There is only one laboratory in England offering Lyme disease testing (RIPL at Porton Down) and one laboratory in Scotland. We want this monopoly to end, as we believe it is not in the interests of patients. Only 8% of patients tested for Lyme disease at this laboratory have a positive result for Lyme disease.
Independent assessments of the antibody test used by RIPL have found that it gets the correct result in only 57% of cases. At close to 50%, this means you are almost as likely to get the correct answer simply by asking any random stranger on the street to guess if you have Lyme disease or not!
4. Most patients are denied ANY treatment
Our survey found that over 35% of patients are not prescribed any antibiotic treatment for Lyme disease.
Many practitioners, and indeed the guidelines themselves, advise against prescribing antibiotics for more than a few weeks, on the grounds that they have potential dangerous side effects. This cuts no ice with patients are are too ill to have a job or a social life and, in some cases, have been abandoned by their spouses or even parents. Living with untreated tick borne diseases is unbearable to the vast majority of patients.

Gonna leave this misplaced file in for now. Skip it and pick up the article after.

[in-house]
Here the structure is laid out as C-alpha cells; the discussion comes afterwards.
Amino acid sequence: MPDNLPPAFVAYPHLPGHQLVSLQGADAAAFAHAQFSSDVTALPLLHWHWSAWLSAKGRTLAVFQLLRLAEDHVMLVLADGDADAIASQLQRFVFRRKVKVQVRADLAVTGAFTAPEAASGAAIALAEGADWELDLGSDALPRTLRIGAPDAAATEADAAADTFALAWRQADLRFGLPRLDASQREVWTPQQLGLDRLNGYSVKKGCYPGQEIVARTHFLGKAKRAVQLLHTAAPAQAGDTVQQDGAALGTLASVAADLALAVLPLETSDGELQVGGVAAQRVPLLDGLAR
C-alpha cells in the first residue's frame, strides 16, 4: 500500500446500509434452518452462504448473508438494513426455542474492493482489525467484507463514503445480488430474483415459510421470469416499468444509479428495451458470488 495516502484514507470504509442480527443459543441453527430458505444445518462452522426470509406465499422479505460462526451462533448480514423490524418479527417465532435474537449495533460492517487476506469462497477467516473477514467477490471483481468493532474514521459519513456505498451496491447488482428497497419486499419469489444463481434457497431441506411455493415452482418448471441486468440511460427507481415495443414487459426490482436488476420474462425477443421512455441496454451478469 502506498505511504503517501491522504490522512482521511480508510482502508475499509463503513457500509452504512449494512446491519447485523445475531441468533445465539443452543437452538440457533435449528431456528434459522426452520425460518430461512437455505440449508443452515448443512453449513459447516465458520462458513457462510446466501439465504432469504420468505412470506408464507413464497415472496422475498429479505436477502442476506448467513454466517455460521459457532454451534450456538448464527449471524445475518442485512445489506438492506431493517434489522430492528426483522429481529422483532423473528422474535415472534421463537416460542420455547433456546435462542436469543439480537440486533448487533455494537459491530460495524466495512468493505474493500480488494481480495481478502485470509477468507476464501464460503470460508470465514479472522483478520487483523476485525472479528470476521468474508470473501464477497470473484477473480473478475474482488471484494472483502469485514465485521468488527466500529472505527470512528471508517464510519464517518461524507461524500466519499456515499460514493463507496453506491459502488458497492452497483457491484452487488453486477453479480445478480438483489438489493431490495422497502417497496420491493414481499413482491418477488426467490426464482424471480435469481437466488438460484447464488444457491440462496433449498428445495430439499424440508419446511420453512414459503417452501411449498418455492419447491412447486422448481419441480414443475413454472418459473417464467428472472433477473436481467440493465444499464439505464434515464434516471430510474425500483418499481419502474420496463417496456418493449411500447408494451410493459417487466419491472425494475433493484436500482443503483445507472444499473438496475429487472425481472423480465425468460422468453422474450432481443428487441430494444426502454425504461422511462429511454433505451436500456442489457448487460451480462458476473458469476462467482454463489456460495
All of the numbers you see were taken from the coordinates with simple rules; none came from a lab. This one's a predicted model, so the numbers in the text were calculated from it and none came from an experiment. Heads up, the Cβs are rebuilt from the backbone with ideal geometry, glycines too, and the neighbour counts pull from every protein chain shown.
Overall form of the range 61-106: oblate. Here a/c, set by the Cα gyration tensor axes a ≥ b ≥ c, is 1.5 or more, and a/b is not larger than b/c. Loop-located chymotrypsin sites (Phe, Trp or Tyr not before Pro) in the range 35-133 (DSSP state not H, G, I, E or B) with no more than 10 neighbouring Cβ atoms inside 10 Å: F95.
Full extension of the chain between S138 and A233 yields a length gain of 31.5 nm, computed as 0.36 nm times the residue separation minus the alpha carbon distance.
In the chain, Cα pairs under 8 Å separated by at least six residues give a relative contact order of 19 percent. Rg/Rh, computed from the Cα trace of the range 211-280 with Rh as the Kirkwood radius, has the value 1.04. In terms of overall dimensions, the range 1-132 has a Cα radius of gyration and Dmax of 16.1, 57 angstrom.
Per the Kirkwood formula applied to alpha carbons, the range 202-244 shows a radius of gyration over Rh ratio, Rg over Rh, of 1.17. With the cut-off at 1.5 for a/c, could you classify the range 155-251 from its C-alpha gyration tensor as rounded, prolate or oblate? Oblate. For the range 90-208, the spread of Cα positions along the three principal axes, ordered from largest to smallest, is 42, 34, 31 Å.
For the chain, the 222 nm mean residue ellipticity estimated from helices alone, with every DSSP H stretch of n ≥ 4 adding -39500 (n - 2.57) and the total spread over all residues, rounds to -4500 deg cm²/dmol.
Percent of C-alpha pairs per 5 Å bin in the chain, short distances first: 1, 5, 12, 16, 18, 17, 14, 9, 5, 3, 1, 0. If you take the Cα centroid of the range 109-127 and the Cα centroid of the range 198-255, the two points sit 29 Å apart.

Some of them people spend every penny they have on, for example, stem cell treatment, bee sting therapy (being injected with bee venom), hydrogen peroxide therapy (ingesting bleach), hyperthermia, and a huge variety of sometimes untested herbs from overseas. These patients do not resort to such therapies because they believe they will work better than prescription drugs: they turn to them because they are offered no alternative.
Doctors should only deny their patients regulated and monitored treatments, such as antibiotics, after evaluating the risk profile of the alternative treatments their patient will resort to, and weighing up which is the less risky option.
4. NHS resources are drained and patients’ lives are wasted
75% of Lyme disease sufferers are too ill to work at all. Our survey of 500 patients found that the average uncured Lyme disease patient costs the NHS more than the national average wage every year.